The nationalist mythology of Balkan peoples has repeatedly found enthusiasts among the European intelligentsia: Byron died fighting for the Greeks; Tolstoy’s Anna Karenina ends with the hero going off to fight for the Serbs; fascists and left wingers alike enthused for Croatia in 1992. But the reality has always been very different from the mythology. Strengthening one ‘national’ Balkan state against its rivals has usually involved driving out, through the most barbaric means, groups which might identify with rival Balkan states. What is now called ‘ethnic cleansing’ was a feature on all sides in the two Balkan wars of 1912-13, of the Turkish-Greek war of the early 1920s (with 1 million refugees on either side), of the Second World War (when Ustashe Croats butchered Serbs, Serbian Chetniks wreaked vengeance on Croats, and some Kosovan Albanians joined the SS, while Tito’s partisans fought desperately to unite all ethnic groups against the German occupation). And, of course, it was a feature of the Yugoslav wars of the early 1990s, when not only did Serbs murder Muslims and Croats, but Croats waged a bloody murder campaign against Muslims in the Vitez and Mostar areas and ‘ethnically cleansed’ Krajina of its Serbian inhabitants, and Muslims slaughtered Serbs in the suburbs of Sarajevo. West European left wingers who started off by cheering on the ‘national struggle’ of Croats or Muslims ended up apologists for such actions, just as did those who cheered on the Serbian state. As Trotsky, who covered the horrors of the 1912-13 Balkan wars as a journalist, observed ‘for the benefit of nationalist romantics’, ‘Even in the backward Balkans ... there is room for national policy only in so far as this coincides with an imperialist policy.’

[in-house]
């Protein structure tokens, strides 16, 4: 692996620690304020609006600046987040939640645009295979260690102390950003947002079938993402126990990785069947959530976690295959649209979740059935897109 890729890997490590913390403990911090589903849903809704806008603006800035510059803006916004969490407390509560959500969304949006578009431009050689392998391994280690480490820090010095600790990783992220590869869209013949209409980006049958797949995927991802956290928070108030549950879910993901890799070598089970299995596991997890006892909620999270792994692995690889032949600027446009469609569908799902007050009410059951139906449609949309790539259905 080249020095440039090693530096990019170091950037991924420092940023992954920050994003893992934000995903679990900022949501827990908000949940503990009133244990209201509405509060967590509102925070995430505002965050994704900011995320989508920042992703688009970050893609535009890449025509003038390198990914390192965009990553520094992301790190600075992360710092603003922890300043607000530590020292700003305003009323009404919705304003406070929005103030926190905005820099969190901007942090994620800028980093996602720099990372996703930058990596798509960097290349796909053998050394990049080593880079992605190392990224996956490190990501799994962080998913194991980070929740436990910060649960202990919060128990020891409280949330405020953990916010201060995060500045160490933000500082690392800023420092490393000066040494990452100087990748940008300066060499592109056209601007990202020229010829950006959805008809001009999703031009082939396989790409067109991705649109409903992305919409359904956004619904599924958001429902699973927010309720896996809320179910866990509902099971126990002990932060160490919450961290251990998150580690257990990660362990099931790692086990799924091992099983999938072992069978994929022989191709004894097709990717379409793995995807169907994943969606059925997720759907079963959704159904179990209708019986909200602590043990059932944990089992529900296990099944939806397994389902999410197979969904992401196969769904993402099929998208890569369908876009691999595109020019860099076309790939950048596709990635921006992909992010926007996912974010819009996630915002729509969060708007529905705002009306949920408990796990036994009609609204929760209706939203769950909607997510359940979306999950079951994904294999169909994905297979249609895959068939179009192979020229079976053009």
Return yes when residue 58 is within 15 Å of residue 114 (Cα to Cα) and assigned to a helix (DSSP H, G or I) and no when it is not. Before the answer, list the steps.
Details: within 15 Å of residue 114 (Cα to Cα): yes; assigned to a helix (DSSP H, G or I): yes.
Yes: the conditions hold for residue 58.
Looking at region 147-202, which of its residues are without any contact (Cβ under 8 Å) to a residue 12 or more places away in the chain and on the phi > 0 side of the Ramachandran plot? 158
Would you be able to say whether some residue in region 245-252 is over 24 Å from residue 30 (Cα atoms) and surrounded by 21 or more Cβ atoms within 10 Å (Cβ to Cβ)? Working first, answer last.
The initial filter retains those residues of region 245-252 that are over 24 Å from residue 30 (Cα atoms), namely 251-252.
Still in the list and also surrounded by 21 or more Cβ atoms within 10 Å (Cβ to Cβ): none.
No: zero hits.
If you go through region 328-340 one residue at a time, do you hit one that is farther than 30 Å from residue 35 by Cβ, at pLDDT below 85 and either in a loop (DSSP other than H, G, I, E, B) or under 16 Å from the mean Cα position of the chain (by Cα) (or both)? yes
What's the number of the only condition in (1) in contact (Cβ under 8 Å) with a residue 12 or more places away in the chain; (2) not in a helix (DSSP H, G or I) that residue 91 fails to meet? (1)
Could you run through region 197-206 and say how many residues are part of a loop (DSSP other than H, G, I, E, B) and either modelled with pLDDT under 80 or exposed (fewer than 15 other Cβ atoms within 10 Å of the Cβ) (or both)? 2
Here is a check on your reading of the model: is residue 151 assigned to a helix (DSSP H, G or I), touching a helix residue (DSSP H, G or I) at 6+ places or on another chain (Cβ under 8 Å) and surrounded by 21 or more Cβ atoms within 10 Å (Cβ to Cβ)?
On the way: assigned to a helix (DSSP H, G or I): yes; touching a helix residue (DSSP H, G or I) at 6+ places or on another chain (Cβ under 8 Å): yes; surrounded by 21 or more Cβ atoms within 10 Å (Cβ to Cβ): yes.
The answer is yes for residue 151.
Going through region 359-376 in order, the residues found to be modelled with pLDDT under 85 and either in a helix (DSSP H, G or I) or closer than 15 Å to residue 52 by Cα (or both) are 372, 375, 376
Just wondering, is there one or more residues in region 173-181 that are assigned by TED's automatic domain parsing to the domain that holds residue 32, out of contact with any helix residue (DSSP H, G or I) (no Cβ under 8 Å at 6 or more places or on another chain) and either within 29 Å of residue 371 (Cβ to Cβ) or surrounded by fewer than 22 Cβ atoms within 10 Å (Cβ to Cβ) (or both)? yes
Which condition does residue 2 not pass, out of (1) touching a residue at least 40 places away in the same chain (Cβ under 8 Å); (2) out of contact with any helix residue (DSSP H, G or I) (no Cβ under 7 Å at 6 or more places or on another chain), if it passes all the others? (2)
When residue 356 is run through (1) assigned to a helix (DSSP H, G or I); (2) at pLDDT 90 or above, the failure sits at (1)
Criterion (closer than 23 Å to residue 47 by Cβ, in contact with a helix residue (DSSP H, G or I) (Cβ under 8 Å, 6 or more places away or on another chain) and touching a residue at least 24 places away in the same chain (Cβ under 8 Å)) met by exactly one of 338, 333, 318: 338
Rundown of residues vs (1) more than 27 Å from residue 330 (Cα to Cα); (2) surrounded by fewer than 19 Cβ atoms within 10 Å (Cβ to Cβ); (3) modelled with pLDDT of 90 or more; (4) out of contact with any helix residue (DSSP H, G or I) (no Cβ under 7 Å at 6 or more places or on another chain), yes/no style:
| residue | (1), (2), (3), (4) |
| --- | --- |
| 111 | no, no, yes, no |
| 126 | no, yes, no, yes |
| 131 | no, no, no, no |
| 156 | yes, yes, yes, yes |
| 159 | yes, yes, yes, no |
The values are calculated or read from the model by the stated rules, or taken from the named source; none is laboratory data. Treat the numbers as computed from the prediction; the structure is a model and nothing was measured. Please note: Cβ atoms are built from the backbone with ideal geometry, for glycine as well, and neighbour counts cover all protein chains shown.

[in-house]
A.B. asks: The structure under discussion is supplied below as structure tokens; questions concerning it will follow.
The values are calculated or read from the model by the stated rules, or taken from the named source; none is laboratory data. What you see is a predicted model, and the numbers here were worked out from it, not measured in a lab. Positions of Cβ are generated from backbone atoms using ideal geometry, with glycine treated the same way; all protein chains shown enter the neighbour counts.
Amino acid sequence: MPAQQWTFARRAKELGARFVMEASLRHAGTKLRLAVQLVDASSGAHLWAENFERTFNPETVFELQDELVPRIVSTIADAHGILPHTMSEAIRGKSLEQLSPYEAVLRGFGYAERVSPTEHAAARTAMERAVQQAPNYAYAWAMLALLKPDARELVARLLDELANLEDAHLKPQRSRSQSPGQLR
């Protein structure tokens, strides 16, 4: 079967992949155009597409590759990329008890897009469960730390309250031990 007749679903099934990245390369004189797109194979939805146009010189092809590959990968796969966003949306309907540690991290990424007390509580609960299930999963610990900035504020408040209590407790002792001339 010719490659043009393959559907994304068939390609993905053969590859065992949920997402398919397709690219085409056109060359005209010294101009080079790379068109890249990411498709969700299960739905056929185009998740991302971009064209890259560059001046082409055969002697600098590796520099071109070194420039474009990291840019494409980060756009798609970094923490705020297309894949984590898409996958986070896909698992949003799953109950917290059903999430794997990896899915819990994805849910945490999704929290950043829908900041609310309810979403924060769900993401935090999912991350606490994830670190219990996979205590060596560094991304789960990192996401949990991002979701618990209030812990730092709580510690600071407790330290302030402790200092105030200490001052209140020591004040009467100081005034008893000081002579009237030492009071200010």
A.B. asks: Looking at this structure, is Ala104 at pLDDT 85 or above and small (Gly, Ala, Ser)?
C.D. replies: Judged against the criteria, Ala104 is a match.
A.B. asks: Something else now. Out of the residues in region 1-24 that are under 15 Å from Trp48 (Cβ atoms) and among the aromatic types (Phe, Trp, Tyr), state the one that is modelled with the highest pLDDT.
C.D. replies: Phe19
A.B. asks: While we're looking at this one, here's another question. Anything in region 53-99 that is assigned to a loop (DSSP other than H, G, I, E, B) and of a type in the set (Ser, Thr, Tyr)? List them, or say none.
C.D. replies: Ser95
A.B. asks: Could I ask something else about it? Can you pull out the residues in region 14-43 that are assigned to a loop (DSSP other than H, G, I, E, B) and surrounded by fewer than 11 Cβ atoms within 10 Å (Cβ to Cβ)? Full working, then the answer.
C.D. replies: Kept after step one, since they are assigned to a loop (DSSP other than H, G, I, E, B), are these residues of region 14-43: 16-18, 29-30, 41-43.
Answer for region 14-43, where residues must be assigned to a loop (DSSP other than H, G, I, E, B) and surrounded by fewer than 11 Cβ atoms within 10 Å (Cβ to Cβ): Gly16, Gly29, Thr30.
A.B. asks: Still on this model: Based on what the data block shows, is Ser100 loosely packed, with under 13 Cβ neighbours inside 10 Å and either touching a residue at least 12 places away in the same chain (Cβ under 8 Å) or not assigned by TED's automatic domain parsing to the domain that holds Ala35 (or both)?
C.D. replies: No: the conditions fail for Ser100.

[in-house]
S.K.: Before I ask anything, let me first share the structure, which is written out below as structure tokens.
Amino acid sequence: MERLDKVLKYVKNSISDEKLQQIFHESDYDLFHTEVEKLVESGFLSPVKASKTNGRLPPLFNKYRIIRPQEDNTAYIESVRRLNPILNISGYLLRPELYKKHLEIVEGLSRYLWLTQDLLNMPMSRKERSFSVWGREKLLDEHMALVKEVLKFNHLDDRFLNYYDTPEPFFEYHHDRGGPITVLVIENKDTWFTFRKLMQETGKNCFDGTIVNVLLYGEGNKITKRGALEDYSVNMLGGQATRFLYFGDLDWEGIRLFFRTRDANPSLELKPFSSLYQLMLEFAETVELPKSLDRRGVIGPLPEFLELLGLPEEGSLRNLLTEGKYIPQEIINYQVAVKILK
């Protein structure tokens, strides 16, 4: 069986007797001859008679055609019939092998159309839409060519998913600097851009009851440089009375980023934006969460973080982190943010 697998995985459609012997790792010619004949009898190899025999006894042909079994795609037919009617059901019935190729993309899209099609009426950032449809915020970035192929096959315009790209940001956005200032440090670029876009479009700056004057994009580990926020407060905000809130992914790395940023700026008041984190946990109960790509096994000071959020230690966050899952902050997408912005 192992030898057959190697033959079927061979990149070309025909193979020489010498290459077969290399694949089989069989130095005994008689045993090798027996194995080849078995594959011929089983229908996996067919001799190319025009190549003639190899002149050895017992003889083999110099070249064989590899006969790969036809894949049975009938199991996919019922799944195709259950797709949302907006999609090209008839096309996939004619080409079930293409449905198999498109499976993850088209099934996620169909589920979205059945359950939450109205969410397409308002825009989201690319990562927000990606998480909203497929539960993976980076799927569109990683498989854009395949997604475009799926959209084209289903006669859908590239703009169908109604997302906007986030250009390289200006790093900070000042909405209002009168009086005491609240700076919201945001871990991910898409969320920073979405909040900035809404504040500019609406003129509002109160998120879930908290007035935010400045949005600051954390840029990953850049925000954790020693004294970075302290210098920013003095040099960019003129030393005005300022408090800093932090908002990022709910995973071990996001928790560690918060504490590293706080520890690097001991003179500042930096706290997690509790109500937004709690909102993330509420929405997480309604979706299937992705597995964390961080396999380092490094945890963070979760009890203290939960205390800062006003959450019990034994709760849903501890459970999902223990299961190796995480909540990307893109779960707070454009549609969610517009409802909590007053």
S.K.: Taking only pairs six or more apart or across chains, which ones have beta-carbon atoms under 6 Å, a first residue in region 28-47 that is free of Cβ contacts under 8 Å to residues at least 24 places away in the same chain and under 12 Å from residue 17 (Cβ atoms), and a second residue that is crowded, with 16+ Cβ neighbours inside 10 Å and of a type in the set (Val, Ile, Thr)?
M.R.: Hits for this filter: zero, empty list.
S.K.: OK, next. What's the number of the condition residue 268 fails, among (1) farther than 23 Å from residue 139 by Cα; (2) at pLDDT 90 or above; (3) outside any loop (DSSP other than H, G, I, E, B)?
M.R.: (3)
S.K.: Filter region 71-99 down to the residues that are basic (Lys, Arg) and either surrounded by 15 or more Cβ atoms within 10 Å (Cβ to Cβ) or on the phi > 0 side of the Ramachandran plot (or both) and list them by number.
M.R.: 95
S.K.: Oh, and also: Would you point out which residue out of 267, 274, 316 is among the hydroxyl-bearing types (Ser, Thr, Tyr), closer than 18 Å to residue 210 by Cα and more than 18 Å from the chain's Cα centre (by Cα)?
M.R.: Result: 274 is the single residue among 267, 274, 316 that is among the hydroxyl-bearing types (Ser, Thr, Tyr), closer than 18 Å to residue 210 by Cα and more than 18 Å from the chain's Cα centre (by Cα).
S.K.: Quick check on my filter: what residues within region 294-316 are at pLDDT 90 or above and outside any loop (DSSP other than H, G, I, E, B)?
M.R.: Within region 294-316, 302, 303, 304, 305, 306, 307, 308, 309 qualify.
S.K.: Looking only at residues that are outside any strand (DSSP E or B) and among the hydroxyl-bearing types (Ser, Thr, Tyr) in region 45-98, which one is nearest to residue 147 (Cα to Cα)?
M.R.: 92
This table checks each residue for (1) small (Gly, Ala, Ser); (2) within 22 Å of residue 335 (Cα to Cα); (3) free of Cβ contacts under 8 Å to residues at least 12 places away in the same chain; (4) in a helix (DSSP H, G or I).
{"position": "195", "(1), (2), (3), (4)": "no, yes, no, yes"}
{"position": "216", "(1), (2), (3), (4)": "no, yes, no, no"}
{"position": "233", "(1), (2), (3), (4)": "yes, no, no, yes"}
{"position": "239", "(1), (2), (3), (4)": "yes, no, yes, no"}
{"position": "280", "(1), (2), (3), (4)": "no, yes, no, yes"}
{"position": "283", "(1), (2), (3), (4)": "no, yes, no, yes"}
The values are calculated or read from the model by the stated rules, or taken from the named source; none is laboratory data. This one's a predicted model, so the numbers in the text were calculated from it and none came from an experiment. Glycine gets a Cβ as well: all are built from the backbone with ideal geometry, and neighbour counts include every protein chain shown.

How do these considerations apply to the present situation in Serbia and Kosovo? The imperialist purpose behind Nato’s continuing war is clear. Even proponents of US imperialism like Kissinger who were hesitant about the need for war on 24 March are now convinced it has to be fought to the finish. They can see clearly the war has nothing to do with humanitarianism, but with the insistence by US imperialism that it can punish any state that defies it. The war is completely at one with US policy elsewhere in the world.